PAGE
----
Rishi Sunak’s retreat from true pragmatism may herald return of Liz Truss-style economics – Scotsman comment
However, his decision to roll back on climate change-related targets suggests he is now warming to the siren calls from the right of his party. And, emboldened by what they see as progress, they are now making calls for tax cuts ahead of the general election expected next year.
Fortunately, Chancellor Jeremy Hunt, an arch-pragmatist, is resisting their appeals. “If you look at what we are having to pay for our long-term debt, it is higher now than it was at the spring Budget. I wish it wasn’t. It makes life extremely difficult, it makes tax cuts virtually impossible and it means that I will have another set of frankly very difficult decisions,” he told LBC radio.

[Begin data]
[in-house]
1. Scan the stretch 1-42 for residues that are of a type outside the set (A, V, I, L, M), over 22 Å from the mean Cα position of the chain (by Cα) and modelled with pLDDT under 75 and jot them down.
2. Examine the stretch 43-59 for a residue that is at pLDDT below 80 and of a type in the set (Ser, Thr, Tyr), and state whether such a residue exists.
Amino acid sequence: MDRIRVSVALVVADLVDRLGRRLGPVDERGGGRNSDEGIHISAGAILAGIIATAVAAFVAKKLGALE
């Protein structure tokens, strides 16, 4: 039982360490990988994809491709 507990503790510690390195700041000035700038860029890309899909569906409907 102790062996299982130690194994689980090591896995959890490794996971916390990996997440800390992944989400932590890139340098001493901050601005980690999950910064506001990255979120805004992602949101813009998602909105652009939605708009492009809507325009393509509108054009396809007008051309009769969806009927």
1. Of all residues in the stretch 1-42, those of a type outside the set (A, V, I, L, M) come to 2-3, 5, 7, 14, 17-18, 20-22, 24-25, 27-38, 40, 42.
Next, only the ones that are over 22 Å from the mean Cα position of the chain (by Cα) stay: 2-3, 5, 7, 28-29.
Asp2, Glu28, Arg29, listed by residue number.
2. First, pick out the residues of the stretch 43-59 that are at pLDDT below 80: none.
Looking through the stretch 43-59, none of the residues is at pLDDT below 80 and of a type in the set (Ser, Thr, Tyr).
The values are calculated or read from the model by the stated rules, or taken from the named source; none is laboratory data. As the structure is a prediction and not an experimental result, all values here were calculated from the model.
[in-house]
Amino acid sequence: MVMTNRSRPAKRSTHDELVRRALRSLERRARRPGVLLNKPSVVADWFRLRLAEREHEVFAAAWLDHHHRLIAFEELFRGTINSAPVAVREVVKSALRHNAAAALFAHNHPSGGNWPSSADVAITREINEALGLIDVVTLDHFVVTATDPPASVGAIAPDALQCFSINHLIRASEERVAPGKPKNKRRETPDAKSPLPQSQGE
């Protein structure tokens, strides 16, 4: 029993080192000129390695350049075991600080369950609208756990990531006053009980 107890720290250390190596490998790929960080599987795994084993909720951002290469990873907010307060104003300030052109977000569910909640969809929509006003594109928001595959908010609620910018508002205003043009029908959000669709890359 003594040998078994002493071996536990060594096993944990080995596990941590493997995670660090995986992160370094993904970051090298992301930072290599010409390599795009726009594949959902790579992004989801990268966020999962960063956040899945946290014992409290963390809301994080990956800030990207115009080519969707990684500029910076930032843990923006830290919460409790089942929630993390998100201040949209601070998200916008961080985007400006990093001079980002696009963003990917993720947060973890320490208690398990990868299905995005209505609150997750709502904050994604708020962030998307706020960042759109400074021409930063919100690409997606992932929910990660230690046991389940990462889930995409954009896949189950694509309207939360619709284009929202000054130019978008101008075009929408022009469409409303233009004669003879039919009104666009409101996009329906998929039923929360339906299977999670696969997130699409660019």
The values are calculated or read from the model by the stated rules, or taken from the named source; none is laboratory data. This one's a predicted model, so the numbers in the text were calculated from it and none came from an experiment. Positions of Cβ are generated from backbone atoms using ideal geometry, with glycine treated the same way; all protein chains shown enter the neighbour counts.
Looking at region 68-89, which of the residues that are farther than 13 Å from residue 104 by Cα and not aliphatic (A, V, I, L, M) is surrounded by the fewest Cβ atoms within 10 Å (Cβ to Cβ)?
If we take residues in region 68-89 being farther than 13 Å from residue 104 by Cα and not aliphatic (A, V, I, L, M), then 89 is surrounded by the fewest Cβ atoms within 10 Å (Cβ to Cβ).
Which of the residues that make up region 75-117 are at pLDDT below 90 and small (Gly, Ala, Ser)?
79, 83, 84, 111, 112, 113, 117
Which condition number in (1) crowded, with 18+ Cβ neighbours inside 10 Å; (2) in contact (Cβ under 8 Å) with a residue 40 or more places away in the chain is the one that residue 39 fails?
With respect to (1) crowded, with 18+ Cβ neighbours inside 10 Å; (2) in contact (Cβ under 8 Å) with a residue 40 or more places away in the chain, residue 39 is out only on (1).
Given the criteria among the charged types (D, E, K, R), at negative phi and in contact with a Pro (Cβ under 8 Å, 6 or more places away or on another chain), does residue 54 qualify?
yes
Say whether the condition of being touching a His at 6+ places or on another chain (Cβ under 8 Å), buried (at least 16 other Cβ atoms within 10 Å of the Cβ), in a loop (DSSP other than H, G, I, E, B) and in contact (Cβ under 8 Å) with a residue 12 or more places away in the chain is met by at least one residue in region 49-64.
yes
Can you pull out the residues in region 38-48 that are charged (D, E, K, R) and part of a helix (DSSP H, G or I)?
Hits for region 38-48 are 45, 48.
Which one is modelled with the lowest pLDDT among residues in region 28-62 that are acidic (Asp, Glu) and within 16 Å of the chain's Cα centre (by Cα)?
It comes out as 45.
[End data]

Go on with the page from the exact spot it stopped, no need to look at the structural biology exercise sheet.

Unfortunately, the tax-cutting chorus is only going to get louder and Sunak may yet yield to the pressure, as his MPs demand some decisive action that they hope will save their seats. If the Prime Minister does relent, it remains to be seen if his Chancellor will also acquiesce in what could be a decisive moment for the government.
Truss’s unfunded tax cuts spooked the markets and cost the Treasury an estimated £30 billion. It would be astonishing if Sunak and Hunt were to do anything even remotely as bad, but pressure can do strange things to people.
Tackling climate change is not a fanciful endeavour, as its critics on the Conservative right sometimes insist. Firstly, it is vitally important for the future of humanity; it is, as King Charles said yesterday, “the greatest existential threat of all”. And secondly, the action required to transition to a net-zero economy is fundamental to the continued health of the economy.
Any pragmatist worthy of the name must face reality, such as global warming is a serious threat and it’s foolish to make tax cuts the country can’t afford. As Sunak faces criticism from the government’s own climate advisers, his credentials as a pragmatist are not as strong as they once appeared.
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